Uzbekistan’s President Shavkat Mirziyoyev has announced an immediate set of government measures to minimise the negative impact of “external risks” hinting at the economic situation that emerged after the sanctions against Russia.
The measures that the president announced included cutting regional budget expenditures by $877.5 million, postponing implementation of new changes in tax administration, allotting extra rolling credits to enterprises and abolishing fines for delayed receivables for domestic importers working with the companies in Russia, Ukraine and Belarus until the end of the year.
President Mirziyoyev has also instructed the government to hold negotiations with companies from Europe, China, India, Turkey, South Korea and Japan within a month and to start practical work on the integration of domestic enterprises into their production chains.
He ordered cutting government spending by 10 trillion Uzbek soums (around $877.5 million), which included a prohibition of purchasing cars, office equipment and building repairs in a move “to maintain macroeconomic stability.”
The president said that the foreign exchange market and the foreign currency exchange rate stabilised, and the exchanges began to trade with Russian roubles and Chinese yuan, according to president’s press service.
“On this occasion, our people should not have excessive anxiety and concern. We have enough reserves to prevent sharp fluctuations in the foreign exchange market,” Mirziyoyev told the government meeting.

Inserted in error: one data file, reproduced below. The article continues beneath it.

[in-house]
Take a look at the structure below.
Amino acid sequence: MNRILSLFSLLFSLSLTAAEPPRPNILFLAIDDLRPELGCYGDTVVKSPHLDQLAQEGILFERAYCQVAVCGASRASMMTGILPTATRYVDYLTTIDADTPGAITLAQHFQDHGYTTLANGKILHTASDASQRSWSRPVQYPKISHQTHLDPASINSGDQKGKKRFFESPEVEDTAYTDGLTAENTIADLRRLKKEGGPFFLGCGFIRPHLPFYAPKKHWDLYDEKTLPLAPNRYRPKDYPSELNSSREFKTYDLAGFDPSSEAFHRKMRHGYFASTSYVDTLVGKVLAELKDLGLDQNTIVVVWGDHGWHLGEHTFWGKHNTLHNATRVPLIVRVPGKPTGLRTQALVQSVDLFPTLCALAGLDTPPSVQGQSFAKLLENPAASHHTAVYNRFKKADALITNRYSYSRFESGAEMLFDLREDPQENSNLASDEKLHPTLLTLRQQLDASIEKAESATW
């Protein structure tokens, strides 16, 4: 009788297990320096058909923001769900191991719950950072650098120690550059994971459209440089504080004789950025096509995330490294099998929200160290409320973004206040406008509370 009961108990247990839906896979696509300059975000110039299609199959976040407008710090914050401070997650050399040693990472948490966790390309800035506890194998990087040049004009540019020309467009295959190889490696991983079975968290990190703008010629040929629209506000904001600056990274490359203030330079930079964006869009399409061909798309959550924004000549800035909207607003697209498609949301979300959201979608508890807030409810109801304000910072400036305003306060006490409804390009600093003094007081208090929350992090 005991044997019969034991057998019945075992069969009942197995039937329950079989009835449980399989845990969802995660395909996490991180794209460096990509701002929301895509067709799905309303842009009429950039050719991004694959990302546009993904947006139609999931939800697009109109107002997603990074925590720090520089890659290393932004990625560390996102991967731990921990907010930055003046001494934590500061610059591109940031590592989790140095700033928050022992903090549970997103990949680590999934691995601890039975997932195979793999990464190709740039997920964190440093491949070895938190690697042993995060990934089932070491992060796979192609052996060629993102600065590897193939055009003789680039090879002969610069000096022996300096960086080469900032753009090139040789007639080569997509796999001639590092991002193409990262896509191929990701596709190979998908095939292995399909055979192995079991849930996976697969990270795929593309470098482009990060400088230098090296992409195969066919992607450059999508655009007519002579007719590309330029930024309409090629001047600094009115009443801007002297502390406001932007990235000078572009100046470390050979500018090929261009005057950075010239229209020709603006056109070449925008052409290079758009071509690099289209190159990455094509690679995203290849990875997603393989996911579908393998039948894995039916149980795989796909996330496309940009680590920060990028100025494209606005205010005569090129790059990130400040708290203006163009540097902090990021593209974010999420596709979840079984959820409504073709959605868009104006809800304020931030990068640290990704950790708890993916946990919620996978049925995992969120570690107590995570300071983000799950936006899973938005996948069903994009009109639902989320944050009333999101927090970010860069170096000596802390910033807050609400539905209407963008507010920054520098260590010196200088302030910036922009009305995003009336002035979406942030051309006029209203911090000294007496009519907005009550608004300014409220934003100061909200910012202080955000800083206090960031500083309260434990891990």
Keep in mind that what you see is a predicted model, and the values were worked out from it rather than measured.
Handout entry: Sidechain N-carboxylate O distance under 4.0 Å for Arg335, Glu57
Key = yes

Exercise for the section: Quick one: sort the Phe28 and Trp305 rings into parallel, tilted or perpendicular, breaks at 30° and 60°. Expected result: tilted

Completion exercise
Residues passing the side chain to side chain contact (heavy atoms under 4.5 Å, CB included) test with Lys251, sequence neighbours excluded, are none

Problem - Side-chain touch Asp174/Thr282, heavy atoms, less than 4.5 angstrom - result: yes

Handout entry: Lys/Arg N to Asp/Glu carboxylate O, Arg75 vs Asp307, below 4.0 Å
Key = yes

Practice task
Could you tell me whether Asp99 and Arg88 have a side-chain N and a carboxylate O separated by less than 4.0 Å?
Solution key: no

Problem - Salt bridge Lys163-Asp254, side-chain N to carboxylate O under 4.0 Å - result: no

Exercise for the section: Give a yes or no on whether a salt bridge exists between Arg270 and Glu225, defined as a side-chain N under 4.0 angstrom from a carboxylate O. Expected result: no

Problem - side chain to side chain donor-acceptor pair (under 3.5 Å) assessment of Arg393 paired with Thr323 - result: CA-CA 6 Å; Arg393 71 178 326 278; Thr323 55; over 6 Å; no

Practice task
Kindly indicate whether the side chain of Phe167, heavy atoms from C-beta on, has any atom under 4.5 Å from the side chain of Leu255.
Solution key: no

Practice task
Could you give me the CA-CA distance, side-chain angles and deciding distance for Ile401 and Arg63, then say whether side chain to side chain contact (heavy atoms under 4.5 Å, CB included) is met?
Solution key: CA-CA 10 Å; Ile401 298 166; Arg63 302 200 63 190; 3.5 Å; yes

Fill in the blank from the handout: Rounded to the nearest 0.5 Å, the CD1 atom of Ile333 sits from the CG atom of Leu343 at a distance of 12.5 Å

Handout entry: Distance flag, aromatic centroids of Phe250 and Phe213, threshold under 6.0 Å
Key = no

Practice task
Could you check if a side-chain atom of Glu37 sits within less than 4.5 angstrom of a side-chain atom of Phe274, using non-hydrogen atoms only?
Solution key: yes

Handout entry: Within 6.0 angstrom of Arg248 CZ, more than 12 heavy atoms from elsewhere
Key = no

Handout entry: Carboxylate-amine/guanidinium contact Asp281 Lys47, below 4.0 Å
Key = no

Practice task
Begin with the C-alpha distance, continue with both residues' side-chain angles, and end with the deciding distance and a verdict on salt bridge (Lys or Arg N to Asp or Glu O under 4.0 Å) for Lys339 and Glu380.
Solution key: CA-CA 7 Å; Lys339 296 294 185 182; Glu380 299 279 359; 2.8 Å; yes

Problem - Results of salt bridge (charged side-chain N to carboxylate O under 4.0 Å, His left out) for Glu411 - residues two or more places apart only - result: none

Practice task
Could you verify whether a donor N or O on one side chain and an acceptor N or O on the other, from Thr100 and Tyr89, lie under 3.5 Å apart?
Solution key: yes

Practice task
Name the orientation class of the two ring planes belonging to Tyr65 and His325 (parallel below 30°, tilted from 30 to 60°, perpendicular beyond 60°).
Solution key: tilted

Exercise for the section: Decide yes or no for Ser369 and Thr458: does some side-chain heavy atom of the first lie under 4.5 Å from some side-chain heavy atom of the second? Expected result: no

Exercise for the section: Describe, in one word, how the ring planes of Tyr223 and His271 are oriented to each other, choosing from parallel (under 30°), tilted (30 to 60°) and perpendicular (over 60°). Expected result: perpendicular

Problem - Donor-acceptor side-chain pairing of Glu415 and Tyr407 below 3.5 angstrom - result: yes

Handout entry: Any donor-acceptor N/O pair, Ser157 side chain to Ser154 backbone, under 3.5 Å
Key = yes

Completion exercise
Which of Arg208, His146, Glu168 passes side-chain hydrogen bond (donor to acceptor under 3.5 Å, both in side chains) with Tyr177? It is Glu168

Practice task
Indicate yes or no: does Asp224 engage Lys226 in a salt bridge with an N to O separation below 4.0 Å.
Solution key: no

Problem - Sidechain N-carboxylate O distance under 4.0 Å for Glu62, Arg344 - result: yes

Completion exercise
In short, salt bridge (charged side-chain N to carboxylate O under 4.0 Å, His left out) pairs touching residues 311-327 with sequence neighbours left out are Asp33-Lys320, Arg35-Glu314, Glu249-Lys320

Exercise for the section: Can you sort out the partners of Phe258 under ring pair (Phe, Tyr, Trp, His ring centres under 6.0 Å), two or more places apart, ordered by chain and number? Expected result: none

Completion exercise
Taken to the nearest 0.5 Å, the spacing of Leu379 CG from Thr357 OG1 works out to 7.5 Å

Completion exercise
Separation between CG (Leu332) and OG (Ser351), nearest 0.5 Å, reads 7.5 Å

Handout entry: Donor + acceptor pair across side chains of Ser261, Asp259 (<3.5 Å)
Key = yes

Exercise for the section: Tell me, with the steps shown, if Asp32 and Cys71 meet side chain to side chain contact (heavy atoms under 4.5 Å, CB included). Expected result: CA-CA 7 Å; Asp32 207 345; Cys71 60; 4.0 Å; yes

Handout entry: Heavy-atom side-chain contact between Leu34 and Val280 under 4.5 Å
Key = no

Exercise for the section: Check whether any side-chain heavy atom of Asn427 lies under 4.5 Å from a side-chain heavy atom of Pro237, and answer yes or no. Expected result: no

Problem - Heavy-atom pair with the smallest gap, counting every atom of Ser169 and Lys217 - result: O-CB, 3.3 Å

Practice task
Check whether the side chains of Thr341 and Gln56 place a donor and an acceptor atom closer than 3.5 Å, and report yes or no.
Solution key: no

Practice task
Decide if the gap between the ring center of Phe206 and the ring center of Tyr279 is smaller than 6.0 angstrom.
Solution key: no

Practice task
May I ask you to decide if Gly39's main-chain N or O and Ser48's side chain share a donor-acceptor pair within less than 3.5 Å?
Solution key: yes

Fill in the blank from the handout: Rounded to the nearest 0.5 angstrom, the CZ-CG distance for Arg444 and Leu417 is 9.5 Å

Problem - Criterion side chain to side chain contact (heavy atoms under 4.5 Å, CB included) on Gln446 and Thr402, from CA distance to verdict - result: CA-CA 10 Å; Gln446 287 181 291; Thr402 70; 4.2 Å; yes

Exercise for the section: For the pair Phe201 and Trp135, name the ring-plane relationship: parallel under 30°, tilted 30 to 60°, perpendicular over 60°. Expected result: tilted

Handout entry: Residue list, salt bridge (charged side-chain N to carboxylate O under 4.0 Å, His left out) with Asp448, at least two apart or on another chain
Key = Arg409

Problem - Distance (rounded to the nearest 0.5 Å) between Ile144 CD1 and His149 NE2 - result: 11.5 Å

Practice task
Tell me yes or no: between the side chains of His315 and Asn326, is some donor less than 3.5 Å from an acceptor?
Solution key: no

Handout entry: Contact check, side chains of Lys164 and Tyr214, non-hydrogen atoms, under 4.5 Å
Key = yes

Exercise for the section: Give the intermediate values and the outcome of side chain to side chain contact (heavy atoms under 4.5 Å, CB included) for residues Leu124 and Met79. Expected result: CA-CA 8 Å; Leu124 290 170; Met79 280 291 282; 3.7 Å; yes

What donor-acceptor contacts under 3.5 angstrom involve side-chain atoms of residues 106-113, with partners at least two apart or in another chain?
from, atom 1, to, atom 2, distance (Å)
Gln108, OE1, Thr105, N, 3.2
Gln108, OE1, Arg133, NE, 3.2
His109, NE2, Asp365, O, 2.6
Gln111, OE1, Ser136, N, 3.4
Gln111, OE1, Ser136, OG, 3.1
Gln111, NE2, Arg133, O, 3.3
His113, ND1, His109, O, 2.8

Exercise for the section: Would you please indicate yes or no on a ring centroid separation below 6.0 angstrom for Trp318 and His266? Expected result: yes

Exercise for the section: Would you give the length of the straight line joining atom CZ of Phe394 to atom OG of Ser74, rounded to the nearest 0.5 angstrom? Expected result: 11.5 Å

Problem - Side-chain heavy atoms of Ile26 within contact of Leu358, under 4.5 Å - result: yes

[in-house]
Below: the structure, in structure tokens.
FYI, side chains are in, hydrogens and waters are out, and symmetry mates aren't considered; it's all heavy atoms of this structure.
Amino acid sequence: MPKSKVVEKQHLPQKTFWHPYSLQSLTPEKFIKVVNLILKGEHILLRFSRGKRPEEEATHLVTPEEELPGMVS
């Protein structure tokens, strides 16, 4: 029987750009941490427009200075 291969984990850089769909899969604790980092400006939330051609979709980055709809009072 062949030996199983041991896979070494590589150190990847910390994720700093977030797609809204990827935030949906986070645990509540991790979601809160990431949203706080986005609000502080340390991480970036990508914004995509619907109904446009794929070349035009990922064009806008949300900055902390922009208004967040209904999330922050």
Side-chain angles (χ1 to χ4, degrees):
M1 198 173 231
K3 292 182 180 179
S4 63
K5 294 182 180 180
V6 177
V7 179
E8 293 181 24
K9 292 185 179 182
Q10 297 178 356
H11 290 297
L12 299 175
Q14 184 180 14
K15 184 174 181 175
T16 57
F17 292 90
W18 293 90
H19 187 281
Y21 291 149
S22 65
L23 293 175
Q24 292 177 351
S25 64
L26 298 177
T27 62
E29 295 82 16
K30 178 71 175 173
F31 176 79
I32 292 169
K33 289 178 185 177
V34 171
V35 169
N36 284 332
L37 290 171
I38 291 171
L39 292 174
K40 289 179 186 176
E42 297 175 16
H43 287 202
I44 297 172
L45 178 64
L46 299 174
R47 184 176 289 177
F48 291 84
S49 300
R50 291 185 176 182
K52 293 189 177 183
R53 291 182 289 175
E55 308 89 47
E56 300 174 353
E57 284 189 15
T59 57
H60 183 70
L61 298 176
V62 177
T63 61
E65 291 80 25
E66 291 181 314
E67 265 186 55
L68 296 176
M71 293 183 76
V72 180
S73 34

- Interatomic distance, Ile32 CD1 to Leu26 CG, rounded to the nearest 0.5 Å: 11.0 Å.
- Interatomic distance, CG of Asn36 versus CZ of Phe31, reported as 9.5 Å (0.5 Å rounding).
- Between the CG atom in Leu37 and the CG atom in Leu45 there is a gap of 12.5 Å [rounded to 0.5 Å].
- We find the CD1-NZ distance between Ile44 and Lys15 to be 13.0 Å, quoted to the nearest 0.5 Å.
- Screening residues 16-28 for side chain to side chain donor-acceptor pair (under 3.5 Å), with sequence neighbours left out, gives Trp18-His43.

Uzbek banks will provide entrepreneurs with an additional 10 trillion soums of “revolving” loans for their working capital and for purchasing raw materials. These funds will be directed primarily to exporters and manufacturers of food and consumer goods.
The government was also instructed to review immediately and make a reasonable proposal to revise the rates of excises and customs duties on the import of such food products as sugar, flour, butter, meat, tea, baby food and dairy products.
President has also tasked regional and local governing bodies to strengthen the social protection of the population, accelerate the creation of new jobs, as well as constant monitoring of inflation and taking preventive measures against the sharp rise in consumer prices.
Russia, which has come under western sanctions, is one of Uzbekistan’s largest trading partners.
Over 3 million Uzbeks work in Russia and send home millions of dollars annually. In 2021, remittances to Uzbekistan amounted to $8.1 billion, the bulk of it from Russia.
Uzbek migrant workers are expected to experience losses amid the depreciation of the Russian rouble and difficulties wiring the money back to their homes due to sanctions imposed on some of the Russian banks.
The Central Asian country’s gross domestic product (GDP) accelerated to 7.4 percent in 2021 against 1.9 percent in 2020, supported by growth in main industries and sectors.
In January Uzbek officials said that Uzbekistan’s real GDP growth in 2022 was expected to be around 5.5-6.5 percent. The large-scale fiscal stimulus that has been implemented in 2020-2021 will be one of the main factors supporting economic activity in the first half of 2022, they said.
The country’s budget envisages 6 percent economic growth this year and annual inflation at around 9 percent.
According to the World Bank, Uzbekistan’s GDP is projected to grow by 5.6 percent in 2022 and by 5.8 percent in 2023.